The First One

Tasmania has cemented its place in the Winter Festival stakes, a  new way to celebrate winter has arrived. There’s a Festival menue for all, make a recipe with all the ingredients that suit your taste. Fine food, beer, Cider and wine are a major part of all the Mid Winter Festivals in Tasmania, although the themes and subject matter vary. The first one is DarkMofo, the winter version of MONAFOMA an acronym for  [The Museum of Old and New Art-Festival Of Music and Art] is probably the most well known. When it first arrived in 2013, traditional Hobart sensed something a little different.

The headline act was a 15km high light installation called ‘The Spectra’ along with the ‘Zee’ a psychedelic light installation that  caused controversy after several people suffered seizures and the installation was briefly shutting down while authorities investigated. There was a mauve coloured Ferris wheel, fire, food, beer and wine. Of course then there was the large Rabbit.

This was different, David Walsh the enigmatic businessman and gambler had just achieved something politicians and businessman had been trying to do for years. Put us on the map, the map of Tassie!

The event continues to court controversy in 2018 after authorities received petitions from the Christian lobby to remove a series of inverted crosses placed around the Hobart waterfront and environs.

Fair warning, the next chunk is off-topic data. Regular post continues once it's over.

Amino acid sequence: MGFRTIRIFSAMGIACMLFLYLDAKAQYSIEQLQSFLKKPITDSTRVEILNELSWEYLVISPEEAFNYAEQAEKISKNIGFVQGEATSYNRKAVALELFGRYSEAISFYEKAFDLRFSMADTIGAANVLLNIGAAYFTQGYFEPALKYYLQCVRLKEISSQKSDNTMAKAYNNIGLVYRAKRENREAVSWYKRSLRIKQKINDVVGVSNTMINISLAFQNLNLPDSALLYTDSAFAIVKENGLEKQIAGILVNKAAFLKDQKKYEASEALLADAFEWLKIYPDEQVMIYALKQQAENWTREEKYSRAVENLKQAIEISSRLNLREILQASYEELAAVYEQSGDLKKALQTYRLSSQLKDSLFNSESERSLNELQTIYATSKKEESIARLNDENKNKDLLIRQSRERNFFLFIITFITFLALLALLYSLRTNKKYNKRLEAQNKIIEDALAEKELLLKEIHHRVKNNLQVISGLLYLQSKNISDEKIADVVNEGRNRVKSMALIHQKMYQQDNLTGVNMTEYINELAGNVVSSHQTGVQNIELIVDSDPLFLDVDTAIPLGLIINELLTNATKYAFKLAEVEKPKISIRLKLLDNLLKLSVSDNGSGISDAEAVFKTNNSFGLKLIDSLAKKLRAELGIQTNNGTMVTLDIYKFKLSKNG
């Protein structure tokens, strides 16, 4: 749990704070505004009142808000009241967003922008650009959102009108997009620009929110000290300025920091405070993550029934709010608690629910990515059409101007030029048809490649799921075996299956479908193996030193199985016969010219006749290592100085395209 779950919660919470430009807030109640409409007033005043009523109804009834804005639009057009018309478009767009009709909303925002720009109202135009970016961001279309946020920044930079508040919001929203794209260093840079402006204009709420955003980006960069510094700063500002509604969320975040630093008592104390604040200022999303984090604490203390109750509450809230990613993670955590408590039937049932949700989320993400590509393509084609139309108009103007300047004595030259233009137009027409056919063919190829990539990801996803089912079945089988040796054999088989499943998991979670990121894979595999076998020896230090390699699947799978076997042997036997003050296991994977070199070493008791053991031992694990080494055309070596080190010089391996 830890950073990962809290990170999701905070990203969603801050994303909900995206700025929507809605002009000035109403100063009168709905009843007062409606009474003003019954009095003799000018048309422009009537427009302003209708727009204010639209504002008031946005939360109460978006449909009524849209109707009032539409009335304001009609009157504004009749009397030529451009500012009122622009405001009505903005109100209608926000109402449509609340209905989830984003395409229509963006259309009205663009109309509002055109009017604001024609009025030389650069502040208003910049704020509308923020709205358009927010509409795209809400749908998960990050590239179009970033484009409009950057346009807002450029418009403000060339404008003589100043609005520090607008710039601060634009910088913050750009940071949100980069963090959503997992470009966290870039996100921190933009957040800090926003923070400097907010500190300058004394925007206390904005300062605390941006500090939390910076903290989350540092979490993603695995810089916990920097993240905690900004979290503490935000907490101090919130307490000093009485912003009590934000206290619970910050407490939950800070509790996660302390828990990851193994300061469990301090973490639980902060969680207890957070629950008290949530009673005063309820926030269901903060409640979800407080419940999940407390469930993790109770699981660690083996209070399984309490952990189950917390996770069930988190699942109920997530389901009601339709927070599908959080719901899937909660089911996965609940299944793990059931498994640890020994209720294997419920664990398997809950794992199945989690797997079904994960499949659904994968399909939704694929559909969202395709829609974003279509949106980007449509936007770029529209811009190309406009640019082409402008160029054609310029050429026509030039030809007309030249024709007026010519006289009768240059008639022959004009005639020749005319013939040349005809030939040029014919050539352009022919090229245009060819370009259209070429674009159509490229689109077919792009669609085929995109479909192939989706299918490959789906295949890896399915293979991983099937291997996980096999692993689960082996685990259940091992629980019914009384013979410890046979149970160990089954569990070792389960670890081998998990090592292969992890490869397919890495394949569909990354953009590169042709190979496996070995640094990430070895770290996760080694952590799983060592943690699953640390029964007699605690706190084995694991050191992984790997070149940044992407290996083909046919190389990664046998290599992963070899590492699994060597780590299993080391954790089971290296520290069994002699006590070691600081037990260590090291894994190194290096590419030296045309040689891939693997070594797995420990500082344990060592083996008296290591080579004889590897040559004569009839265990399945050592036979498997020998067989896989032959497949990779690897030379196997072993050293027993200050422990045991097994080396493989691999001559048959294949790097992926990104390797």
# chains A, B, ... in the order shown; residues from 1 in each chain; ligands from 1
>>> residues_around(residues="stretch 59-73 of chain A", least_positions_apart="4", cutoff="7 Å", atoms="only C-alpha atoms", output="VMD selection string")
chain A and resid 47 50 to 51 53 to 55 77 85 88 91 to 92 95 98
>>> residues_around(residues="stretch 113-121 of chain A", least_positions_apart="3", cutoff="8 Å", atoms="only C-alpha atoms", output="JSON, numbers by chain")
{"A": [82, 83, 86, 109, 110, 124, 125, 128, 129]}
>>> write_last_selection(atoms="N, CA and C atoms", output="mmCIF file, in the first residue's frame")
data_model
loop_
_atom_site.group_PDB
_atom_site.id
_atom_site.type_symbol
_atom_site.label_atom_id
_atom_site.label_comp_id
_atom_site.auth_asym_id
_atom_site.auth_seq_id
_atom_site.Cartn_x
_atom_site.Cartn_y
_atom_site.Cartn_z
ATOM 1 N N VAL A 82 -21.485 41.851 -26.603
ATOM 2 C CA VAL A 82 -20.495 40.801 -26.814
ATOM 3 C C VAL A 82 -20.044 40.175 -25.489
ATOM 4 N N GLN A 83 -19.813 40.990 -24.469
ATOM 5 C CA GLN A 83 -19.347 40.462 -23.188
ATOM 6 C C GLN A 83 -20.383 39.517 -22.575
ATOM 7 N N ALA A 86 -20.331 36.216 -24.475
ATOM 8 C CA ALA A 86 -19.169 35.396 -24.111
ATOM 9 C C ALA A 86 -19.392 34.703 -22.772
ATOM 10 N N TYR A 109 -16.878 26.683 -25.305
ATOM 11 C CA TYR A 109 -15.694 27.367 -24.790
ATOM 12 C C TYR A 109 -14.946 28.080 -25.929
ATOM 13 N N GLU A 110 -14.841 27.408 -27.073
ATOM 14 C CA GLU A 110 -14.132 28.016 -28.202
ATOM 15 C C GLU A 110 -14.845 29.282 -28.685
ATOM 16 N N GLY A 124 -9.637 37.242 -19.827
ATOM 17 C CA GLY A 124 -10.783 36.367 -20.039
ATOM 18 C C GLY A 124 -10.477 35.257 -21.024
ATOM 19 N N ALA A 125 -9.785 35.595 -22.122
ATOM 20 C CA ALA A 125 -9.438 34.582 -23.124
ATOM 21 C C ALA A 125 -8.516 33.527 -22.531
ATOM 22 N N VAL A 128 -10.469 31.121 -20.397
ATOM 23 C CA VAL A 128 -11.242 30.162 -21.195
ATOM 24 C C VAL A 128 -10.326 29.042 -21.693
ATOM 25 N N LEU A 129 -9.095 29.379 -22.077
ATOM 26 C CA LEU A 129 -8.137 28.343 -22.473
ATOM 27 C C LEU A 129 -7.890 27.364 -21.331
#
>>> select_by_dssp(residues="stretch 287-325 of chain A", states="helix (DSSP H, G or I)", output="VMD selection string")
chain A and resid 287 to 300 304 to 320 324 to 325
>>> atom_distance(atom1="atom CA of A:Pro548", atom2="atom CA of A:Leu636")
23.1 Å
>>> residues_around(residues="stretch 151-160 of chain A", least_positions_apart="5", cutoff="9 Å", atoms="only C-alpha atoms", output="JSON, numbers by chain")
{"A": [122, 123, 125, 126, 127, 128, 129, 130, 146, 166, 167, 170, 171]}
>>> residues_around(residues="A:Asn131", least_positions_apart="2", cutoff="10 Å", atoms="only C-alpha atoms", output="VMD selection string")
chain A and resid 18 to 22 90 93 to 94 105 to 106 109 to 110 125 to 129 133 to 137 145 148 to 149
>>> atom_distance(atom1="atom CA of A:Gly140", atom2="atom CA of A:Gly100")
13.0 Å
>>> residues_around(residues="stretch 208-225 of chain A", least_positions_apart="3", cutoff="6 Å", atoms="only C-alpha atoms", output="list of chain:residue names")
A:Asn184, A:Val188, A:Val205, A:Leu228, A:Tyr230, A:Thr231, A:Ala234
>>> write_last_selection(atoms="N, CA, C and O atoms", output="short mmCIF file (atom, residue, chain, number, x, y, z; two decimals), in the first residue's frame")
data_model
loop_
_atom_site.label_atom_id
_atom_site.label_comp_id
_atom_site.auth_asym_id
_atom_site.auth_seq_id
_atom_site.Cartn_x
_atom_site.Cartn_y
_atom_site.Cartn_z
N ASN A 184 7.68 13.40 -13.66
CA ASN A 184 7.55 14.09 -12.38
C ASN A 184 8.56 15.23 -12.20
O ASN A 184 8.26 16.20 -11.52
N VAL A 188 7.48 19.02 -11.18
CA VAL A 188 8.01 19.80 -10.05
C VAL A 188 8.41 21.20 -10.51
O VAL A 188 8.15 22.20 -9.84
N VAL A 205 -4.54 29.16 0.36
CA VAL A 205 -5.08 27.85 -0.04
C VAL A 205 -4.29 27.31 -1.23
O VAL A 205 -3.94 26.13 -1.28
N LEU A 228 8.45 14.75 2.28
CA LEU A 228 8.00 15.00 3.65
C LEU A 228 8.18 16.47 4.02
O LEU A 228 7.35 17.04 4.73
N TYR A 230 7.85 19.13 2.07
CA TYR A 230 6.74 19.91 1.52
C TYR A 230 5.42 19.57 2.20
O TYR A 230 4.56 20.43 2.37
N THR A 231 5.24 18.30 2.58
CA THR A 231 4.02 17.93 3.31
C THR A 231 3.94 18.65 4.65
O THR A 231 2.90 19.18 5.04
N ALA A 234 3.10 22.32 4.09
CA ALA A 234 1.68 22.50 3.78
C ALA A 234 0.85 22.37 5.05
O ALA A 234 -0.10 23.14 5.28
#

The Huon Valley Mid Winter Festival comes a close second to DarkMoFo. The Festival is held at Willie Smiths Apple Shed and is located in the Tasmania’s Huon Valley, an area renowned for its apple and Cider production.

The event is framed around ancient mythology, the ‘Wassailling’, a ceremony performed to scare of bad spirits from the orchards cider trees and ensure a bumper crop.

The Huon Valley Festival provokes traditional themes where the punters dress in colourful regalia, enjoy bonfires, Morris dancers, music, fine wine and Cider. The Wassail Ceremony and it’s incantation stretches back to pagan times, It fits in with the cider and the way the seasons work. This is basically the end of the winter season, the dark season and the beginning of spring.

This is all part of bringing together centuries old traditions surrounding cider making and resurrecting many of the apples varieties which have started to enjoy new popularity in Australia.

The event is held over the Mid July weekend and dovetails the old with the new and all Willie Smith a traditional grower and producer have to offer to the new Cider Makers and growers of the Huon Valley, Tasmania.

Mike Briggs, Hobart TAS | July 2018